Nobel Prize-winning economist Joseph Stiglitz has said there is “little basis” for “fear-mongering” over the economy of an independent Scotland.
Mr Stiglitz, who advises the Scottish government on economic affairs, said that while there would be risks in the event of a Yes vote, the risks of Scotland remaining in the union and UK leaving the EU would be “significantly greater”.
In an article published in the Sunday Herald and the Scotsman, he urged Scots to focus on “vision and values” in the last few days before Thursday’s independence referendum.
His words come in stark contrast to warnings issued by other economists including fellow Nobel winner Paul Krugman, who has said Scots should be “very afraid” of the risks that come with independence.
He said: “There is, in fact, little basis for any of the forms of fear-mongering that have been advanced.
“Krugman, for instance, suggests that there are significant economies of scale: a small economy is likely, he seems to suggest, not to do well.
“But an independent Scotland will still be part of Europe, and the great success of the EU is the creation of a large economic zone.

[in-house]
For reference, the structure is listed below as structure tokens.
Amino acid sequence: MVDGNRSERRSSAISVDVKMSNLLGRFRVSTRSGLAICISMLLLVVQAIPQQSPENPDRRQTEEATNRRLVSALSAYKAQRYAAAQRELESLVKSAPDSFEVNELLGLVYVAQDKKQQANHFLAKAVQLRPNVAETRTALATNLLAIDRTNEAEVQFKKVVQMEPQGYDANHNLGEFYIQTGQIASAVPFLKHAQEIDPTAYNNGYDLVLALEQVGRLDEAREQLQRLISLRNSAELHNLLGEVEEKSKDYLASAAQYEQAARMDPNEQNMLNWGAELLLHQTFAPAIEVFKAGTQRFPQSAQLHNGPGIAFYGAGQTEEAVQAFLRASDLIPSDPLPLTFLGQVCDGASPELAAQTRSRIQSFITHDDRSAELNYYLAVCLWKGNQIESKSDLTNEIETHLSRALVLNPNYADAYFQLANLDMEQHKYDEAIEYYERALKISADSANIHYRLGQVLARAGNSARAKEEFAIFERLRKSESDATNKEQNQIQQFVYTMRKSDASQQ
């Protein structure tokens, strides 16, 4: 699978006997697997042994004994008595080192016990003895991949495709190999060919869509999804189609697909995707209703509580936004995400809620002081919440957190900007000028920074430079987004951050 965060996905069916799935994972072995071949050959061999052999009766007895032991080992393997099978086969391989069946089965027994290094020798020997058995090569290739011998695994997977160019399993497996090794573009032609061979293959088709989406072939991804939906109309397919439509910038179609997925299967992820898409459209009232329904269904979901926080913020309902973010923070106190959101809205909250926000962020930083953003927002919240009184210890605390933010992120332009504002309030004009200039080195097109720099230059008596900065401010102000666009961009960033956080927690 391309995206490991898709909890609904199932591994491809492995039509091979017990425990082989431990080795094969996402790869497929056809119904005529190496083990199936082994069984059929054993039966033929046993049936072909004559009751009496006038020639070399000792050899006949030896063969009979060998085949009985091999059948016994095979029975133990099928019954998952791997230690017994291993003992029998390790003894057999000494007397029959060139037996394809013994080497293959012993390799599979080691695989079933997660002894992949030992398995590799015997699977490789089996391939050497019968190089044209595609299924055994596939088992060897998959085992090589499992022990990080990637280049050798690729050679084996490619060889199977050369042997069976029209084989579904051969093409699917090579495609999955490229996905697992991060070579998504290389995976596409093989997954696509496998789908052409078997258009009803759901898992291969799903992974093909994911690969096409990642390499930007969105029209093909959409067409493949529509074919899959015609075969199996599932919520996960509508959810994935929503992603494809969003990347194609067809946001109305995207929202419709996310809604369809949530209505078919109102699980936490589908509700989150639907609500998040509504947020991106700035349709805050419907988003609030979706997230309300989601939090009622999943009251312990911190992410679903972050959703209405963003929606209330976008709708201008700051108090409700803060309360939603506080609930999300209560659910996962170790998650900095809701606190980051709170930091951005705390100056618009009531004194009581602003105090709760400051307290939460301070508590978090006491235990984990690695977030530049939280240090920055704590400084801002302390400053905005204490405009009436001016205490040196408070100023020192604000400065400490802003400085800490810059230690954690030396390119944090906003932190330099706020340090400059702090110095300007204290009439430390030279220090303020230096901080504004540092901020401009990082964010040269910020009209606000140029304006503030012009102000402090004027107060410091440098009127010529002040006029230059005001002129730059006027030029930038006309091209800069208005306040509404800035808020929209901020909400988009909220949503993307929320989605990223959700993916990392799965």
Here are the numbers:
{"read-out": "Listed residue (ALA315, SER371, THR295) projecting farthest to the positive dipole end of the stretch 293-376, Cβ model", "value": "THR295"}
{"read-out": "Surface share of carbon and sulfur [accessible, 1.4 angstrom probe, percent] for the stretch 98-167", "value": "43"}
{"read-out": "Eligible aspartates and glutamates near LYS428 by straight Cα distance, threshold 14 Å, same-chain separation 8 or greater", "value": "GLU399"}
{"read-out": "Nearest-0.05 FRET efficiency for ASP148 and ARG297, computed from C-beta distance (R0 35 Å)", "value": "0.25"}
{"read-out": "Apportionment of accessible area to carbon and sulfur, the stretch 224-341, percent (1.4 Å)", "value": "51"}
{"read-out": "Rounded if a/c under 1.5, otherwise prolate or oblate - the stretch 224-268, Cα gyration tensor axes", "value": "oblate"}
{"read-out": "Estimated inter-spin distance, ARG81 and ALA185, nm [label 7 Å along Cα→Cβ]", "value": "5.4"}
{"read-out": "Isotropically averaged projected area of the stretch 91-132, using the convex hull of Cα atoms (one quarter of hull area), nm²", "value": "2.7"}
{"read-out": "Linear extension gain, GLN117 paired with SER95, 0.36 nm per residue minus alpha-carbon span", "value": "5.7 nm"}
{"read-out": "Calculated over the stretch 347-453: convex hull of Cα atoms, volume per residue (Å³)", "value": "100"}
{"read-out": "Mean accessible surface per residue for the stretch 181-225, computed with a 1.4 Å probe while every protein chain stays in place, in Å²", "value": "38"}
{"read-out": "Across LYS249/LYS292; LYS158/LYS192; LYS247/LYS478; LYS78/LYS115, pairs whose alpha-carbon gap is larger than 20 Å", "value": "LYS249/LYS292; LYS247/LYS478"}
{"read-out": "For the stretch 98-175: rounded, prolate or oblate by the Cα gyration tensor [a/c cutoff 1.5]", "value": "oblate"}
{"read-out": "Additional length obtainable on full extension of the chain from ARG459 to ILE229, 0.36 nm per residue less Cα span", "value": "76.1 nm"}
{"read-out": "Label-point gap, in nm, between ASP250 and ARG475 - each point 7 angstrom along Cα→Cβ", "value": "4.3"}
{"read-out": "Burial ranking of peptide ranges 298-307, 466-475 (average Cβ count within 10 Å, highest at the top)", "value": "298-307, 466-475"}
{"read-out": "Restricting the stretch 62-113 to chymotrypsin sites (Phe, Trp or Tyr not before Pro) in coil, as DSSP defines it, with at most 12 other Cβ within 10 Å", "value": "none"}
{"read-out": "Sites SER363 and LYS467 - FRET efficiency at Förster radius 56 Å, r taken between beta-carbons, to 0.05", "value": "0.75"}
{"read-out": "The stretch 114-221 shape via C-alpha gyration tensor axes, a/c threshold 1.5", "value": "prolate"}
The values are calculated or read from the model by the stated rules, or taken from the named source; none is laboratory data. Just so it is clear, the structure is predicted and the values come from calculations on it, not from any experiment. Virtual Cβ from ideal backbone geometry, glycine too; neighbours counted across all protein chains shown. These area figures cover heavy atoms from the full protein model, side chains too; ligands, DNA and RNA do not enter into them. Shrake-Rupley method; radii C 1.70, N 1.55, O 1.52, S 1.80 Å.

“By an order of magnitude, far more important than size is the pursuit of the right policies.”
Mr Stiglitz, who is a member of the Scottish Government’s council of economic advisers and Fiscal Commission Working Group, said the debate over the currency of an independent Scotland was a “non-issue”, arguing that many currency arrangements would work, including Sterlingisation – or using the pound without a formal agreement.
He said: “The Scottish vision and values are different from those that have become dominant south of the border.
“Independence may have its costs-although these have yet to be demonstrated convincingly; but it will also have its benefits.
“Scotland can make investments in tidal energy, or in its young people; it can strive to increase female labour force participation and provide for early childhood education-both essential for creating a fairer society.
“It can make these investments, knowing that the country will recapture more of the benefits from them through taxation.
“The difficult question that Scotland has to face is thus not about arcane issues about monetary arrangements or economies of scope, about the minutiae of the short run gains and losses, but whether Scotland’s future – its shared vision and values, a shared vision and values that has increasingly departed from those dominant south of the border – will be better achieved through independence.”